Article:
Critical alert – Log4Shell (CVE-2021-44228 in Log4j) – possibly the biggest impact vulnerability ever
What is Log4Shell?
Log4Shell is an unauthenticated remote code execution (RCE, code injection) vulnerability. By exploiting it, the attacker can easily execute any code from a remote source on the attacked target.
Log4Shell was first discovered by Chen Zhaojun from the Alibaba Cloud Security team. The first software affected and exploited using this vulnerability was Minecraft. While at the time of discovery it was a zero-day vulnerability, information about it was released to the public only when a fix was already available.
How is Log4Shell exploited?
To exploit Log4Shell, the attacker may use any user input that is subsequently logged by the Log4j framework. For example, in the case of a web application, it may be any text entry field or basic headers such as User-Agent. Server logging is often set to log headers as well as form data.
The attacker only needs to include the following string in the logged user input:
Where attacker.com is a server controlled by the attacker and executeme is the Java class to be executed on the victim server. And this is just one of many ways to exploit this vulnerability.
What software is affected by Log4Shell?
The Log4Shell vulnerability may affect all Log4j 2 versions as well as many Log4j 1 versions. The only versions of Log4j that are considered safe are 2.15.0 and up (but version 2.16.0 is recommended due to CVE-2021-45046).
The Log4j framework is one of the most commonly used libraries in the world. This means that many other software products use it, too. Here are some software components and packages that are known to be affected: Elasticsearch, Grails, Hadoop, Kafka, Kibana, Solr, Spark, Struts, Tapestry, Wicket, and more.
Here is a list of some companies indirectly affected (via the software supply chain) by this vulnerability: Google, Amazon, Tesla, CloudFlare, PayPal, Netflix, Twitter, LinkedIn, Apple, VMWare, and more. There is a very high probability that you are affected as well and not just your web applications.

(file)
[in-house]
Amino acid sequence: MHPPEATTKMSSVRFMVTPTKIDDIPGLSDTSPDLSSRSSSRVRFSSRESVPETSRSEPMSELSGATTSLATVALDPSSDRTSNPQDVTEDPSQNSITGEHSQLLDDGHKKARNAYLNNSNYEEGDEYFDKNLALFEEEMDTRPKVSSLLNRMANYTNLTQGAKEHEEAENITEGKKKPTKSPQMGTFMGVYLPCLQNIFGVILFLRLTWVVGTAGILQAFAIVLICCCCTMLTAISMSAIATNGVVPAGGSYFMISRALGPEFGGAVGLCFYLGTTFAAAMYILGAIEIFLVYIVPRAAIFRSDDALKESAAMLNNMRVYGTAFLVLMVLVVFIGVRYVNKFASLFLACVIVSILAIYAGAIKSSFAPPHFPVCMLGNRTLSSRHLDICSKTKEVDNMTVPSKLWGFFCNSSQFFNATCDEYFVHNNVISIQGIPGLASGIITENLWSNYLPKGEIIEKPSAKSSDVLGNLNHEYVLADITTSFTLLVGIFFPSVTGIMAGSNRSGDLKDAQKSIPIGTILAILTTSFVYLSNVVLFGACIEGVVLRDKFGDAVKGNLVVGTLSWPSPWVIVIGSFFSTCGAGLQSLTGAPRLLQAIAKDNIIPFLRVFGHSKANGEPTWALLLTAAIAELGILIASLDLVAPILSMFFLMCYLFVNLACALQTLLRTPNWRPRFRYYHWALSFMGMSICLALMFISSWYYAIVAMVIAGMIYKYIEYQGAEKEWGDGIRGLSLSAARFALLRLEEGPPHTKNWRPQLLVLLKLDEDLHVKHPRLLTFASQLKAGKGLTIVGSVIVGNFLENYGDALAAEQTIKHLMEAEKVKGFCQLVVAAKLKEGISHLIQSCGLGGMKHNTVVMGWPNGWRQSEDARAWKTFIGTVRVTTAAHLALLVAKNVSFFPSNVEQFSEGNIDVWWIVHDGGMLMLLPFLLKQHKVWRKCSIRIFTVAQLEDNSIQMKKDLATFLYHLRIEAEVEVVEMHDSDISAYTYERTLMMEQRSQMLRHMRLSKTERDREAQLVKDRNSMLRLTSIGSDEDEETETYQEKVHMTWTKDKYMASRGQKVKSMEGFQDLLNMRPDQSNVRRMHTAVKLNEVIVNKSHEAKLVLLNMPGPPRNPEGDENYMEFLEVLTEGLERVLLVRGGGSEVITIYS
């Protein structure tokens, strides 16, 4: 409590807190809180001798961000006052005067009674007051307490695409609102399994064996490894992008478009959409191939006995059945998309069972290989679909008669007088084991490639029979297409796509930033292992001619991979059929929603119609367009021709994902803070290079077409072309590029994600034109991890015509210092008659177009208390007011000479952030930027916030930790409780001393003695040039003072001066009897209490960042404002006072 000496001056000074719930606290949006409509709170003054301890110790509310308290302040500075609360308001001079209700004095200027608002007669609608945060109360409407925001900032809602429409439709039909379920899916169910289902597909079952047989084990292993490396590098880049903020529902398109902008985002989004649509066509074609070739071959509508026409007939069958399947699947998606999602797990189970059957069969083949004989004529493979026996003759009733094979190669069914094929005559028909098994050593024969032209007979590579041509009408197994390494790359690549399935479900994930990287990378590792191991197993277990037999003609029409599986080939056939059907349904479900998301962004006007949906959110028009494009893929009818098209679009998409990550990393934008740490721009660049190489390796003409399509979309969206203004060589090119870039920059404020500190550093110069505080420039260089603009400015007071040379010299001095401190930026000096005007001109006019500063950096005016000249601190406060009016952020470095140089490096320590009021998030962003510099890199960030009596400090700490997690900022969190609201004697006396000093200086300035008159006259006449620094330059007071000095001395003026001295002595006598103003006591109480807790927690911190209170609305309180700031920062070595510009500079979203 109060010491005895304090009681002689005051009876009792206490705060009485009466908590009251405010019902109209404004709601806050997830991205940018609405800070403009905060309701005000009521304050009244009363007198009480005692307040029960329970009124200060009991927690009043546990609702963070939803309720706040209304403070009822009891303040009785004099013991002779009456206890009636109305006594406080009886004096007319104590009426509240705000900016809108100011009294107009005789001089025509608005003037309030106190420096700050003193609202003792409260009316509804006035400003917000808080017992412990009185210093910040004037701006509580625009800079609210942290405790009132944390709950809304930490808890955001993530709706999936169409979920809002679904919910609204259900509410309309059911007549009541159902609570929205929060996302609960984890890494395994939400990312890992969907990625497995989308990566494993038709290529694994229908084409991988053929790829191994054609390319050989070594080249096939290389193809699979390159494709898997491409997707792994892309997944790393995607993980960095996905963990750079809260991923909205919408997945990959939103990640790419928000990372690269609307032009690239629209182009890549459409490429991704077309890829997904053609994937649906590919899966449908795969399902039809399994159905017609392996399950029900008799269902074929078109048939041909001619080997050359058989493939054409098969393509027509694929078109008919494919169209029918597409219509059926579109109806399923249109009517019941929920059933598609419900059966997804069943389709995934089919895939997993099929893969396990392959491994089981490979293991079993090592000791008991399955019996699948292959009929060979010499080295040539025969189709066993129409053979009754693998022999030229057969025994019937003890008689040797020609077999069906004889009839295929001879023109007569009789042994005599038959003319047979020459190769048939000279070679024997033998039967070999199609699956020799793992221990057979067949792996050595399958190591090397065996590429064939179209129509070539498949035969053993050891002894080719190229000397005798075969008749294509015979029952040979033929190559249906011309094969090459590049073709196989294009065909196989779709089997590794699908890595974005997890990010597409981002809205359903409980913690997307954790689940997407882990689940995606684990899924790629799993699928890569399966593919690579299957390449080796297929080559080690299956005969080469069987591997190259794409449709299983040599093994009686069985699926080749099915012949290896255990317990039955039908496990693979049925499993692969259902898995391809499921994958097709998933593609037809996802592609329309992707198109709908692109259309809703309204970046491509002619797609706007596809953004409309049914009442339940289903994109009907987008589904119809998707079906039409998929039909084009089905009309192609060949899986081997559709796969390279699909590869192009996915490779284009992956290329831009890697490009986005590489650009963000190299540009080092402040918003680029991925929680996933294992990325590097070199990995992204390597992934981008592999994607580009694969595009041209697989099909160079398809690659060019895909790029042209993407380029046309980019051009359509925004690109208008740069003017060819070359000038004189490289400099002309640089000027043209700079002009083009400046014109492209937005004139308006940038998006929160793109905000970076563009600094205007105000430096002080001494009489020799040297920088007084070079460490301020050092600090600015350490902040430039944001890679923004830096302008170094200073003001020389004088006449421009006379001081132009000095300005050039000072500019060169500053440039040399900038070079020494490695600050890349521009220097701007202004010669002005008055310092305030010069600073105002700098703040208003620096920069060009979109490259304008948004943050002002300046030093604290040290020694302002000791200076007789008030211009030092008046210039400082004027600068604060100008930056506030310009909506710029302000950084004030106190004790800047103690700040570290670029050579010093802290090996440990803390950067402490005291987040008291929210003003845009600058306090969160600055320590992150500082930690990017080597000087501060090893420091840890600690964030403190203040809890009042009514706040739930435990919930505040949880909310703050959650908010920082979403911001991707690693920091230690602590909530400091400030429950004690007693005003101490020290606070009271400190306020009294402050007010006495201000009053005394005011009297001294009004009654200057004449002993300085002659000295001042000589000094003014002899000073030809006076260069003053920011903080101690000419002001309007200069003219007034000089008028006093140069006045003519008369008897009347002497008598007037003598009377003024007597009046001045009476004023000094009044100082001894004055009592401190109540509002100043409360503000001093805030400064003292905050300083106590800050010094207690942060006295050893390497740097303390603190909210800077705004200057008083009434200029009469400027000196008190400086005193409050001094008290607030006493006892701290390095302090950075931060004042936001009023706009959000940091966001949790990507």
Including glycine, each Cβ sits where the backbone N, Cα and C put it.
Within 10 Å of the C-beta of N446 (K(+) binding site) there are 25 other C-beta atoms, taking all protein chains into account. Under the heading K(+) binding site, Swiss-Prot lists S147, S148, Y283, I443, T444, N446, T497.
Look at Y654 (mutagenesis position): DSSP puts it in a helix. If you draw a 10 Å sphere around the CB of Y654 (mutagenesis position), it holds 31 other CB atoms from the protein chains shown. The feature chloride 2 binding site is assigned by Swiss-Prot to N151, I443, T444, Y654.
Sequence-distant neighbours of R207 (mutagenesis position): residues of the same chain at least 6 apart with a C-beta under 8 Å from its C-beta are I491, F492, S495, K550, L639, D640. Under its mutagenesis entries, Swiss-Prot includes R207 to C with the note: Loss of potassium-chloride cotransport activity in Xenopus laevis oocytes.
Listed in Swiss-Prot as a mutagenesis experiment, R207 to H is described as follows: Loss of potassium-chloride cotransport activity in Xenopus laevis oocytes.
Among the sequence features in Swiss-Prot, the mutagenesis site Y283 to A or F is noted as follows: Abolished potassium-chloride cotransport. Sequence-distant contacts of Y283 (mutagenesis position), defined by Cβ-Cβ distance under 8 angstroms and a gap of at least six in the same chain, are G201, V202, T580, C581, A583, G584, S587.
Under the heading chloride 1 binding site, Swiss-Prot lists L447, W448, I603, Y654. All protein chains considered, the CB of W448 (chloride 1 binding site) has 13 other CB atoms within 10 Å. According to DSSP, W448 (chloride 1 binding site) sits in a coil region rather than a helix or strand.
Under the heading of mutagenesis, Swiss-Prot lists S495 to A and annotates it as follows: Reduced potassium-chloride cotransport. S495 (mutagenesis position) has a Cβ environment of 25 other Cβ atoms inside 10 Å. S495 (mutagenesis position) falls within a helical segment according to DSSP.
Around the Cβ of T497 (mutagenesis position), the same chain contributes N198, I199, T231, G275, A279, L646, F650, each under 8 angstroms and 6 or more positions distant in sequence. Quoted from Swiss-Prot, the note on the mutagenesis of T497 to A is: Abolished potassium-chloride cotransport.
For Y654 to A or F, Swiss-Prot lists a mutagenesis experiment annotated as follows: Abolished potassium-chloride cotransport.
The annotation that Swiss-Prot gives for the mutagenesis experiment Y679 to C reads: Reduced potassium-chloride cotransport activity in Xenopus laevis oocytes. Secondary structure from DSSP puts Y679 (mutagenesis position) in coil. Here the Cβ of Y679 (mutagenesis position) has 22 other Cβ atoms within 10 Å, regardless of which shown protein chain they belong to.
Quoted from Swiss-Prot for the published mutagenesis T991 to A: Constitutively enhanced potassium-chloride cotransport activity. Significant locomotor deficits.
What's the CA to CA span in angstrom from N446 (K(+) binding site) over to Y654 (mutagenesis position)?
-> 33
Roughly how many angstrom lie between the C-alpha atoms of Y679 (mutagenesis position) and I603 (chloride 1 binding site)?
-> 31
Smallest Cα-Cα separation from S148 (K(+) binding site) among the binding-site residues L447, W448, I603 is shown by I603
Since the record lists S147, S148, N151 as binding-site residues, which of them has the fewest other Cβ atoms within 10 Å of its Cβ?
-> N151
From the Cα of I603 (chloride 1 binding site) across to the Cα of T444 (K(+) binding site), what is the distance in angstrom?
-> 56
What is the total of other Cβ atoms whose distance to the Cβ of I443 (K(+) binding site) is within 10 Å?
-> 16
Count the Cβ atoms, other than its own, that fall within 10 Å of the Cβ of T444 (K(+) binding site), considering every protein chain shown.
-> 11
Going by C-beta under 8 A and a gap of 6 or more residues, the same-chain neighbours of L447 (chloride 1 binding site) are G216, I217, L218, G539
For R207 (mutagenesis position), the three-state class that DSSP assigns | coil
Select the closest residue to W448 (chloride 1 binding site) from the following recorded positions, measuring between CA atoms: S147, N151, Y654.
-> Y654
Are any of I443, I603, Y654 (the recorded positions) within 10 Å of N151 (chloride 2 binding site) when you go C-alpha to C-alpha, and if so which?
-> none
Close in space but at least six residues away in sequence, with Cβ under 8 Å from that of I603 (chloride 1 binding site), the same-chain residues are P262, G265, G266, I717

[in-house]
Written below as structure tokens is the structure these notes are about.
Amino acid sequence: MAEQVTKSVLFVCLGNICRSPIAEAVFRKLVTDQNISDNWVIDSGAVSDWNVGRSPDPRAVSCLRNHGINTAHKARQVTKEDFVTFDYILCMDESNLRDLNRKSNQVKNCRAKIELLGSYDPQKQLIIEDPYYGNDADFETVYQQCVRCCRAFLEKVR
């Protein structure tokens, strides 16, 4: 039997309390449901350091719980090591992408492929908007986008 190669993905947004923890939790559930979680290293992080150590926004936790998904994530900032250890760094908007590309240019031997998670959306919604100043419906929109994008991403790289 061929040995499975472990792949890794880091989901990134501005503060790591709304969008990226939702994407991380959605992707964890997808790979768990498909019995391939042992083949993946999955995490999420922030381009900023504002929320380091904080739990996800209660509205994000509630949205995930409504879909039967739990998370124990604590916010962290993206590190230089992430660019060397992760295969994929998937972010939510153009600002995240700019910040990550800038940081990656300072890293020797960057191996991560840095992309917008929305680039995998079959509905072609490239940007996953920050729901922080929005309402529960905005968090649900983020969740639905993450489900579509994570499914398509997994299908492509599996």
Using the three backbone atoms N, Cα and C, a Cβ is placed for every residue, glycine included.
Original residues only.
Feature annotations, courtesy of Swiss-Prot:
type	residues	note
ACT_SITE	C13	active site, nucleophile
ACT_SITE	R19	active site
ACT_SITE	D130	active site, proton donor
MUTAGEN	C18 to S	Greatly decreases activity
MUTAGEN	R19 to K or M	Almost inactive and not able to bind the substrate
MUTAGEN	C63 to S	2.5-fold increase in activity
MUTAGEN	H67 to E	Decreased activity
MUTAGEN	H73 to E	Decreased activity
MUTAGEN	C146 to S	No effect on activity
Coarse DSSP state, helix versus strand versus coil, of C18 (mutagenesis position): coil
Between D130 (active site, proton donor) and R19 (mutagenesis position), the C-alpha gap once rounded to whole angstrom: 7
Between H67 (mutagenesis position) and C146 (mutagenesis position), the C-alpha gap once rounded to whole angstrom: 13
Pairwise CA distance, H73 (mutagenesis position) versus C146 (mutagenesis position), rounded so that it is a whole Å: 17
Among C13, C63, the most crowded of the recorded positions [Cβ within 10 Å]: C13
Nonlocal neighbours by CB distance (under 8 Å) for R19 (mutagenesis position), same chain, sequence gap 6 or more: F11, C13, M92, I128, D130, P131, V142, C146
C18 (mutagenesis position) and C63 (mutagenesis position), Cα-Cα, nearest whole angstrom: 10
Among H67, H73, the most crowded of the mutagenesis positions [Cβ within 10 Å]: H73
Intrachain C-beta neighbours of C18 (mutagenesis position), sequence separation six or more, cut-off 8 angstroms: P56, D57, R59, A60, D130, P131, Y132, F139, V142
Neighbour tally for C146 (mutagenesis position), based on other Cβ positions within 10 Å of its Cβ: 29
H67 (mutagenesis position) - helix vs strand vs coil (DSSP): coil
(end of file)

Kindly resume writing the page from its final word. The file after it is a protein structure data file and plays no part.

How to check if you are affected by Log4Shell?
For web applications, Acunetix now has a check to detect the Log4Shell vulnerability.
If you are using Acunetix on-premises, update your Acunetix installation to the latest version (build 14.6.211213163) and scan all your web assets. If you are using Acunetix online, simply scan all your web assets at your earliest convenience. If you are using the Acunetix SCA, you can also already detect if your web applications are vulnerable to Log4Shell.
If you want to check whether your other assets (non-web) are affected, you need to manually check every Java installation to see if Log4j is used, which version, and how it is configured. You can follow this extensive guide for manual detection.
How to mitigate Log4Shell attacks?
To mitigate Log4Shell:
Immediately upgrade your Log4j installation to version 2.16.0 or higher.
If you cannot upgrade to 2.16.0 or higher, choose one of the following temporary solutions:
Modify the JNDI manually or by using tools such as hotpatch-for-apache-log4j2
Remove the JndiLookup class from the classpath:
zip -q -d log4j-core-*.jar org/apache/logging/log4j/core/lookup/JndiLookup.class
If you are using version 2.10.0 or later, set formatMsgNoLookups=true when you configure Log4j (but note that this does not guarantee complete protection due to CVE-2021-45046):
Pass an argument when invoking Java:
java -Dlog4j2.formatMsgNoLookups=true ...
Set the environment variable:
LOG4J_FORMAT_MSG_NO_LOOKUPS=true java ...
Set the JVM arguments environment variable:
Note that a web application firewall will not be able to protect you from Log4Shell.